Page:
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February 24, 2021

US: 160 Confederate symbols taken down in 2020

National

February 24, 2021

NEW YORK: When rioters tore through the US Capitol last month, some of them gripping Confederate battle flags, they didn’t encounter a statue of the most famous rebel general, Robert E. Lee.

The Lee statue, which represented the state of Virginia as part of the National Statuary Hall Collection in the Capitol for 111 years, had been removed just weeks before — one of at least 160 public Confederate symbols taken down or moved from public spaces in 2020, according to a new count the Southern Poverty Law Center shared with media ahead of releasing it.

The law center, which keeps a raw count of nearly 2,100 statues, symbols, placards, buildings and public parks dedicated to the Confederacy, plans to release the latest figures from its “Whose Heritage?” database on Tuesday. It has been tracking a movement to take down the monuments since 2015, when a white supremacist entered a South Carolina church and killed several Black parishioners.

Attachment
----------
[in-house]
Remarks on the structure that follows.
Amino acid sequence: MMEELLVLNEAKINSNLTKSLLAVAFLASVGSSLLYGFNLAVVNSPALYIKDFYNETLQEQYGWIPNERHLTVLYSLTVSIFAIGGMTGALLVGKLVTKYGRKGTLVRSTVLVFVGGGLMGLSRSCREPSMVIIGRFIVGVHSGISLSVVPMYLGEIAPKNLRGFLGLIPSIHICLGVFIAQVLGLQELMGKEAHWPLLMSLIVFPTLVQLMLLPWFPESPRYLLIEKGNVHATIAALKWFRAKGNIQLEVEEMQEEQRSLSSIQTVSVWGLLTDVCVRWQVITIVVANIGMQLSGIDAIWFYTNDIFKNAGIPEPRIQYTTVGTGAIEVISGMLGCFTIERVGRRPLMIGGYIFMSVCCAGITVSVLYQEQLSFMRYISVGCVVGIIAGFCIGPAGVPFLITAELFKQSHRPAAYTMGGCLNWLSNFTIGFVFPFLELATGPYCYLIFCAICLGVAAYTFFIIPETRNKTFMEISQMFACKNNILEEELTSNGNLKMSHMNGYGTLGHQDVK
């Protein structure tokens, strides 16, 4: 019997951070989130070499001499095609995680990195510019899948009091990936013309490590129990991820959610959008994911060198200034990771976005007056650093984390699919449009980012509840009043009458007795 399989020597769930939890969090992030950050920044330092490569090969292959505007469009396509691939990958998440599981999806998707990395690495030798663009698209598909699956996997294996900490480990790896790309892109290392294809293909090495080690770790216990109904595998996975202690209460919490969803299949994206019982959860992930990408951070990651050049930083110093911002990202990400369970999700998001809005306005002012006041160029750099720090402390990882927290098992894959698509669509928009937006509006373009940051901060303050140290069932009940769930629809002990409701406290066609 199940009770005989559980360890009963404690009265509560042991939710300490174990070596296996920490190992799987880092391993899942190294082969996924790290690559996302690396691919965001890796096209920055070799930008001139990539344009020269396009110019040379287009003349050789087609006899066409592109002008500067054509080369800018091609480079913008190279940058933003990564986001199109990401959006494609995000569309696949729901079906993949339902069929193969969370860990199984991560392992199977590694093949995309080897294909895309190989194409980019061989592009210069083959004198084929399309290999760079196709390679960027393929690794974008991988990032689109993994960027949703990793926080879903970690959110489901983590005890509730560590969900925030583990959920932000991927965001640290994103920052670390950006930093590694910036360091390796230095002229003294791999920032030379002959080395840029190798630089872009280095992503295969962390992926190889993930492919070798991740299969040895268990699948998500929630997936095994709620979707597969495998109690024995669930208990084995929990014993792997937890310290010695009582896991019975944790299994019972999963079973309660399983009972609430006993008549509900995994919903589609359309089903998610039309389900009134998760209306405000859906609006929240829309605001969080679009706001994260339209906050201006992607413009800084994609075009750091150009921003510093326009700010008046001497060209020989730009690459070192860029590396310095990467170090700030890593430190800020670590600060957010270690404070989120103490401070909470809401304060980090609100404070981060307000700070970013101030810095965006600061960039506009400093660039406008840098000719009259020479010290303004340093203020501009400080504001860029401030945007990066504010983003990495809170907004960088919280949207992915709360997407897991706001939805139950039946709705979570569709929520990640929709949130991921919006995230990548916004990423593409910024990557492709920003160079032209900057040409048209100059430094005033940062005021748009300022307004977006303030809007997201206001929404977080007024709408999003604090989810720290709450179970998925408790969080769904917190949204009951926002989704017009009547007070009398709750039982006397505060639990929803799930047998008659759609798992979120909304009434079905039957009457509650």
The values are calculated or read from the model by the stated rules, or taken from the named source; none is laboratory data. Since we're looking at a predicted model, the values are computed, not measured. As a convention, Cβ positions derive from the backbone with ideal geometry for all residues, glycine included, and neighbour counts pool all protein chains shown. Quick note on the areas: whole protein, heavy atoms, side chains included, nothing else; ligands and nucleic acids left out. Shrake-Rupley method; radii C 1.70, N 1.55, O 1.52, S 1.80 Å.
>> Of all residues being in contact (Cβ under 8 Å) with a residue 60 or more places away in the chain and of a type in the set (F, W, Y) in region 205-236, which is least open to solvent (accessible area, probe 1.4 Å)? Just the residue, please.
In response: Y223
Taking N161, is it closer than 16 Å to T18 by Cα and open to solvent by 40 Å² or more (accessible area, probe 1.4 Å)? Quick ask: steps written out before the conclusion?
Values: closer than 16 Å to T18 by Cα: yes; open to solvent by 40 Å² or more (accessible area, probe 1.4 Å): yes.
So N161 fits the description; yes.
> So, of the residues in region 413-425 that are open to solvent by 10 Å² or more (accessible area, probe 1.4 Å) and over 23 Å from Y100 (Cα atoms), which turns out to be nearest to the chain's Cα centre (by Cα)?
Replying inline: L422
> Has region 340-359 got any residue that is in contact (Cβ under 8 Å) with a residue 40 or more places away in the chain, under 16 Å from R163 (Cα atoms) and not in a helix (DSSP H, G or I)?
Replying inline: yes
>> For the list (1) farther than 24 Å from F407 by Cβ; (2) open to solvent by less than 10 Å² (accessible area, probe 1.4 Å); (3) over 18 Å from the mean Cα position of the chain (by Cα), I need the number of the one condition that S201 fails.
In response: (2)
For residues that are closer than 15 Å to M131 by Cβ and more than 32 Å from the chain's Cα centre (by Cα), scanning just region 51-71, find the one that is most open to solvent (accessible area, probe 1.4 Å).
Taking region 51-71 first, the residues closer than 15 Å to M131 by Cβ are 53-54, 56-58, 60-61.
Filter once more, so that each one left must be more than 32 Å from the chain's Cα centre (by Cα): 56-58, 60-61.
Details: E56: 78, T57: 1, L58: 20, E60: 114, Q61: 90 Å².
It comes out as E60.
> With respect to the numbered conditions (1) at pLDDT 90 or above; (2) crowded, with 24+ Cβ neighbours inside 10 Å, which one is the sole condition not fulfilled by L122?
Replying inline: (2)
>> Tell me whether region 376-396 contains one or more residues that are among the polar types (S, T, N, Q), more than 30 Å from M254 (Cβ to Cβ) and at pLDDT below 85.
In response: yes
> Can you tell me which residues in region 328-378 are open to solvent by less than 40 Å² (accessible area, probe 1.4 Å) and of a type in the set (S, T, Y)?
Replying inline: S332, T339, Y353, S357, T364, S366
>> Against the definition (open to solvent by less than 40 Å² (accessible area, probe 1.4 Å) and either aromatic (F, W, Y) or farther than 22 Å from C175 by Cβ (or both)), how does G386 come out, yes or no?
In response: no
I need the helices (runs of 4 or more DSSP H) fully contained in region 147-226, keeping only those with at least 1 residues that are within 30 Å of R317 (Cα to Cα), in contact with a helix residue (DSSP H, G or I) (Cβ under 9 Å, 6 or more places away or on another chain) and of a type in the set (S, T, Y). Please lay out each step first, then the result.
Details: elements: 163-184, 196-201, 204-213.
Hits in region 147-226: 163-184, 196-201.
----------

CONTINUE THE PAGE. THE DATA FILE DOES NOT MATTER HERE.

“These racist symbols only serve to uphold revisionist history and the belief that white supremacy remains morally acceptable,” SPLC chief of staff Lecia Brooks said in a statement. “This is why we believe that all symbols of white supremacy should be removed from public spaces.”

Sometime after visitors and tourists are welcomed back to the US Capitol, there will be a statue saluting Virginia’s Barbara Johns, a 16-year-old Black girl who staged a strike in 1951 over unequal conditions at her segregated high school in Farmville. Her actions led to court-ordered integration of public schools across the U.S, via the landmark Supreme Court decision, Brown v. Board of Education. Each state legislature can choose up to two representatives to honor in the Capitol’s collection. In December, a state commission recommended replacing Lee’s statue with a statue of Johns. Supporters told the media that Virginia’s legislature has nearly finalized her elevation alongside George Washington.